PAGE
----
We layer the lobsters in the pot, as well as corn, mussels and clams. We cover everything with a “lid” of seaweed, and we wait, rotating the pot occasionally for even cooking. Once the water returns to a boil, we pull some of the seaweed aside to check the lobsters’ color. When they’re red all over, we take the pot off the fire and make a bed of seaweed on a flat rock on which to set out our feast.


Lobster bakes go way back. It’s thought that Native Americans taught the colonists the technique. Centuries ago, lobster bakes were done in a hole dug in the ground and lined with rocks. Easy enough in southern New England, with its sandy beaches. But on our granite-strewn islands, well, good luck with that.

In Maine, people traditionally made a fire on the granite within a ring of rocks. But that’s no longer a good idea. The world is an ever more crowded place, even on remote Maine islands and beaches, so it’s best to leave no imprint on natural places. Laying a fire within a ring of rocks causes that centuries-old granite to crack into brittle chips, plus it leaves scorch marks. We build our fires on a fire pan, which protects the site, the beach and the rocks. Even a metal trash can lid will do in a pinch.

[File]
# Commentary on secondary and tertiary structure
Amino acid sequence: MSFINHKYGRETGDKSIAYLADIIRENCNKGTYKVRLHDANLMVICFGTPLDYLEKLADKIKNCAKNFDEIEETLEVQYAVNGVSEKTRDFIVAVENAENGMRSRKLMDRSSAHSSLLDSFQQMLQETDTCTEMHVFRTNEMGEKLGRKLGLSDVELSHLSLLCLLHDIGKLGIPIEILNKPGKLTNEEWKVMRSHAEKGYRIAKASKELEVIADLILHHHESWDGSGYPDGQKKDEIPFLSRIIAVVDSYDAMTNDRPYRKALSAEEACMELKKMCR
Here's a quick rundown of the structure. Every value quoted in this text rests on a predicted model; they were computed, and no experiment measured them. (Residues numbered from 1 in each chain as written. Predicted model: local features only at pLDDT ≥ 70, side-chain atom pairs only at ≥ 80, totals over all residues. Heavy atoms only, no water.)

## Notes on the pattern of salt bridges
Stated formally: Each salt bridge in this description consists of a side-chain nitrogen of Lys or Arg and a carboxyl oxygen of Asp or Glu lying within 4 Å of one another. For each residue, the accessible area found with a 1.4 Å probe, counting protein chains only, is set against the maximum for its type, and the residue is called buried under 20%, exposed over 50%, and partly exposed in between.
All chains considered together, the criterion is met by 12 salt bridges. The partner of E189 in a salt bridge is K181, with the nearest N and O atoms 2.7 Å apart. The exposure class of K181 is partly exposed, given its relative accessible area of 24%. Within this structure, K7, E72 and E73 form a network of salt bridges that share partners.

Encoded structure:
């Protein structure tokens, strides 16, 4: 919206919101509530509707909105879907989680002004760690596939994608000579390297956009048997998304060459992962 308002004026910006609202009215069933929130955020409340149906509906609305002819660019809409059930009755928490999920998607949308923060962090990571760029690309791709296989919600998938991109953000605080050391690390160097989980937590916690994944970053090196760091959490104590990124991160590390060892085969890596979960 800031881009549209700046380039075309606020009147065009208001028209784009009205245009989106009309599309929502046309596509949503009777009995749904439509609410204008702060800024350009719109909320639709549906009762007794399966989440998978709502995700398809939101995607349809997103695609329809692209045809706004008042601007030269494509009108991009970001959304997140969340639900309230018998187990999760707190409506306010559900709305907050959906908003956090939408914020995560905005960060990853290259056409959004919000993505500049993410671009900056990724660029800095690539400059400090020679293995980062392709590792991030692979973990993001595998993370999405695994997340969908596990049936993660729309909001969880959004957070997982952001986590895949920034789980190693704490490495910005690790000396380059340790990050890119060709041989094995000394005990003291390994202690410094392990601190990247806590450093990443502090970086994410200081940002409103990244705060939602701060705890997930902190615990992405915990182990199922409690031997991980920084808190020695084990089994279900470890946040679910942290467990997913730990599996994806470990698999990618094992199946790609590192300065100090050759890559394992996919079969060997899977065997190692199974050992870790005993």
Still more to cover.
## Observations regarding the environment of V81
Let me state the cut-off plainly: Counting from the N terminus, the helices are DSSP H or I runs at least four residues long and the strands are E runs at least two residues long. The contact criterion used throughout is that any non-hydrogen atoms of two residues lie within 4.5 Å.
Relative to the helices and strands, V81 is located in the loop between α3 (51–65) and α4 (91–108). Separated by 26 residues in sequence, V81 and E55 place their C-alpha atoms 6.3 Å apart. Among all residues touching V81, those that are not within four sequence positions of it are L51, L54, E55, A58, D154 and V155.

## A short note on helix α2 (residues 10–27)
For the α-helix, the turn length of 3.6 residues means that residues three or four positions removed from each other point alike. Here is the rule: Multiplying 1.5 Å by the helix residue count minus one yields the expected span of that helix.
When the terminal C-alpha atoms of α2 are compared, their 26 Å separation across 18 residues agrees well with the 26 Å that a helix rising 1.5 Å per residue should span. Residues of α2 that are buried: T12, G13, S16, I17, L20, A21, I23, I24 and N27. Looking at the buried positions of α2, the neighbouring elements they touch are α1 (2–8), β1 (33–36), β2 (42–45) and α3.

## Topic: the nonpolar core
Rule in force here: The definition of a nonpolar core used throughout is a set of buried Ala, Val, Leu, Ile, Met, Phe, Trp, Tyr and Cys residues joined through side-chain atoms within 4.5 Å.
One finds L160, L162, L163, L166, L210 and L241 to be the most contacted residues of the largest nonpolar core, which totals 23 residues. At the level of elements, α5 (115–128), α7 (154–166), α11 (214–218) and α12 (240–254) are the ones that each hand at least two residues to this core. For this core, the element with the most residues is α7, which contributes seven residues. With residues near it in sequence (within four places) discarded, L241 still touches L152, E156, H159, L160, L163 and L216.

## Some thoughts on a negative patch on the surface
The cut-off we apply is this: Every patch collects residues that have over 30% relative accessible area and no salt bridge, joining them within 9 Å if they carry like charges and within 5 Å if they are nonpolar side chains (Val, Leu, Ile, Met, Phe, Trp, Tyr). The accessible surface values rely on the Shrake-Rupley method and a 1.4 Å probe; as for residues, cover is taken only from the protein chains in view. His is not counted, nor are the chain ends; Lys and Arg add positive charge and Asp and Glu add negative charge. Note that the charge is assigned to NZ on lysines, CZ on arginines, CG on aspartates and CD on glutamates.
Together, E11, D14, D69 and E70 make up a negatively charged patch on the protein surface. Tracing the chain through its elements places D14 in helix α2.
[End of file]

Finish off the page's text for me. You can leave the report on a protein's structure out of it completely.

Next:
At our island lobster bakes, we operate under the Girl Scout rule – leave no trace. Whatever we take onto the island, we take off, too. Often we pick up litter while exploring the island and carry that away with us – our way to leave the spot cleaner than we found it. Five minutes after we’ve sailed away, we hope no one can tell we were ever there.